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FHA Closing Costs - How They Differ From Conventional Mortgages

Jun 24, 2008
FHA Closing costs differ from conventional mortgages by the amount the lender can charge and the amount of insurance coverage homeowners are required to have. FHA mortgages are the last of the government sponsored mortgages. Fannie and Freddie started out as a government charter but privatized over a decade ago. Since FHA is government operated, there are specific safeguards which have been designed to protect borrowers from paying too much closing costs. However, as is the case with most government programs, there's loopholes.

When lenders and brokers close a loan, they all incur cost during the process. These costs are passed along to the borrower in the form of higher rates, or closing costs that are added directly to the closing statement (HUD). In the past, lenders have been known to be very liberal when applying their fees; these extra charges are called "junk fees." Before you apply, you should insist that the lender disclose their fees on a form called good faith estimate (GFE, you can print a blank form from the link below.)

If you look at your GFE you will see a grouping of fees on the left hand side. Each fee is labeled 801, 802, and so on. These are the lenders fees. FHA has strict guidelines pertaining to the fees that lenders are allowed to charge when closing a loan. Unfortunately, they are very open-minded on the amount of discount points and origination points that they allow lenders to charge.

Lenders are allowed to charge one origination point and two discount points plus the "usual and customary" third party closing costs that FHA deems relevant. If you combine those fees with the additional money that the lenders can earn from "marking-up" the interest rate; lenders could make as much as $12,000 profit on a $200,000 loan.

In all fairness, most lenders don't fleece their customers like this, however some do. If you are considering taking out an FHA mortgage I advise you to look at your good faith estimate carefully. If you see discount points listed in the "800" block of numbers do not close your loan. Some lenders will give very compelling arguments as to why they need to charge them, don't believe it. By disallowing the lender to use discount points, you have effectively forced them to keep their closing costs in-check.

Another difference in charges that you will see over conventional mortgages pertains to the insurance each agency requires when taking out the loan. Conventional mortgages (Fannie Mae, Freddie Mac) will allow borrowers to forego the mortgage insurance if the loan is less than 80% of the appraised value. Not so with FHA, when you take out an FHA mortgage you will be forced to have mortgage insurance regardless of the loan to value. The exception is when you take out a 15 year mortgage, if your loan is less that 90% of the value of the home you can forego the monthly mortgage insurance.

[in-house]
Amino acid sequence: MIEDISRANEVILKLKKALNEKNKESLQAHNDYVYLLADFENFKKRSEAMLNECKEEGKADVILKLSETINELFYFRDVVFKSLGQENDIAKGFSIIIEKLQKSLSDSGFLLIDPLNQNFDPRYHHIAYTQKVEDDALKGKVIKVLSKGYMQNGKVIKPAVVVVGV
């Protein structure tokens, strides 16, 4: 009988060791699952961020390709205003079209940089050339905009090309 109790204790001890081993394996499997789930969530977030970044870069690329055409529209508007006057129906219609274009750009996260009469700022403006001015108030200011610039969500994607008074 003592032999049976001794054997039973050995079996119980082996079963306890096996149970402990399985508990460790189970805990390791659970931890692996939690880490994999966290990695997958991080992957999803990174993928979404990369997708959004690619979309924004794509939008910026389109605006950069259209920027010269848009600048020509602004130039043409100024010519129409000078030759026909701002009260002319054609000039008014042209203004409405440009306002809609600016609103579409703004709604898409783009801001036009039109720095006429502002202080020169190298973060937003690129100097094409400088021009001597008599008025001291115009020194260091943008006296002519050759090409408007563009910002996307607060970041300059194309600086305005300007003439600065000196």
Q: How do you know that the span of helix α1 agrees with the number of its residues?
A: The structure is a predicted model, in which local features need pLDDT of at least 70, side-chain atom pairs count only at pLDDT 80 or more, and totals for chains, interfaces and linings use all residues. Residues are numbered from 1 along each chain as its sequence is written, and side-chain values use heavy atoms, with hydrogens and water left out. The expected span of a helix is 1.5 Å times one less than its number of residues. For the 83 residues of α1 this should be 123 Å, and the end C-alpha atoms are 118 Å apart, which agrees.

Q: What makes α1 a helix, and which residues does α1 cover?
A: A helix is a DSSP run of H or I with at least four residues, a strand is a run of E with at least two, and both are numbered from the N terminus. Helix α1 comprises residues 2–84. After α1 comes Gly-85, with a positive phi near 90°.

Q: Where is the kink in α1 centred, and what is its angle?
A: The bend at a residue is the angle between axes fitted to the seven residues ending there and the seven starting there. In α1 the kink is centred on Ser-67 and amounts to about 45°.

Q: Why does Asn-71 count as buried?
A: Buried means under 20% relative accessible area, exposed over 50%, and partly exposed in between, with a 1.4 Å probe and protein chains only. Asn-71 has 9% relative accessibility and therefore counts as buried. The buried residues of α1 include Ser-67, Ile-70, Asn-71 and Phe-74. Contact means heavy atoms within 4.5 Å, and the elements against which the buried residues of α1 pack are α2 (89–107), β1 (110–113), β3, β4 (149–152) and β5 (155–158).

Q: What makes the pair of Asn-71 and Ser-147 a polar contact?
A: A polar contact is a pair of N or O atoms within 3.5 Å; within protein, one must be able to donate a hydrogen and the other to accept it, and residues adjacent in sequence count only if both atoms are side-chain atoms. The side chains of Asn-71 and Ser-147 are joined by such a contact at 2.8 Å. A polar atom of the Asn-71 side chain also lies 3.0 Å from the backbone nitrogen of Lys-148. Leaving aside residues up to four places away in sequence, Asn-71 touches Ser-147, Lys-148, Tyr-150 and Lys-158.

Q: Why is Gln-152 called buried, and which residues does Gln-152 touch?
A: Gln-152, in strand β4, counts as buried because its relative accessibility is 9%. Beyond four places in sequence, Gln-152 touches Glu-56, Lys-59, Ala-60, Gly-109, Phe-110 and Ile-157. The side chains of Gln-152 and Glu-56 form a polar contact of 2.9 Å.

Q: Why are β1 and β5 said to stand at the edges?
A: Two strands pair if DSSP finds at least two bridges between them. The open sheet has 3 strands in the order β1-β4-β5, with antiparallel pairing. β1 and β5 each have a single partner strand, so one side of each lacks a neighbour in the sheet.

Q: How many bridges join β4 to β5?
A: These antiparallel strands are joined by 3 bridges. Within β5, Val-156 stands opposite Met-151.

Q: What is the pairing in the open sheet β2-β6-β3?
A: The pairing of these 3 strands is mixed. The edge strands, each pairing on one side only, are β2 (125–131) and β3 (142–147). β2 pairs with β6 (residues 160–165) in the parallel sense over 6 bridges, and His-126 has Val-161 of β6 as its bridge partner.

Also, FHA charges an up front mortgage insurance premium (MIP). This is a one time, lump sum that is added on top of your loan. The MIP is calculated at 1.5% of the mortgage's loan amount, i.e. a $100,000 mortgage would become a $101,500 loan amount. This premium is refundable on a prorated basis but, the formula that is used to calculate it is stored in the same warehouse that Indiana Jones keeps his worldly treasures.

When you begin to add up the differences between FHA closing costs and conventional mortgages, it would appear that FHA mortgages have the higher closing. However, it really depends on what your specific circumstances are as to whether or not an FHA mortgage is right for you. If you have good credit and a low loan to value, a conventional mortgage is definitely the best road to take. Even if your loan to value is a little high, you may still want to consider a conventional mortgage. A conventional mortgage charges PMI just like an FHA loan does, however it can be easily removed one the home falls below 80% loan to value, unlike FHA mortgage insurance.

On the other hand, if you have average credit and a higher loan to value FHA becomes the clear winner when choosing the most beneficial loan. The most important reason is that FHA is not a credit score driven product. FHA is a common-sense loan, meaning your credit score doesn't have a bearing on your ability to get approved. FHA looks at the property, the income, the job stability and the overall responsibility the borrower has exercised in the last year. Of course there are more guidelines, but you get my point. Not to mention that FHA allows homebuyers to put as little as 3% down when buying a home.
About the Author
Aubrey Clark is a writer and editor for Direct Banc, low interest rate credit card directory, and Lendfast.com, a nationwide home mortgage loan company. He lives and works in Atlanta Georgia with his wife and four children.
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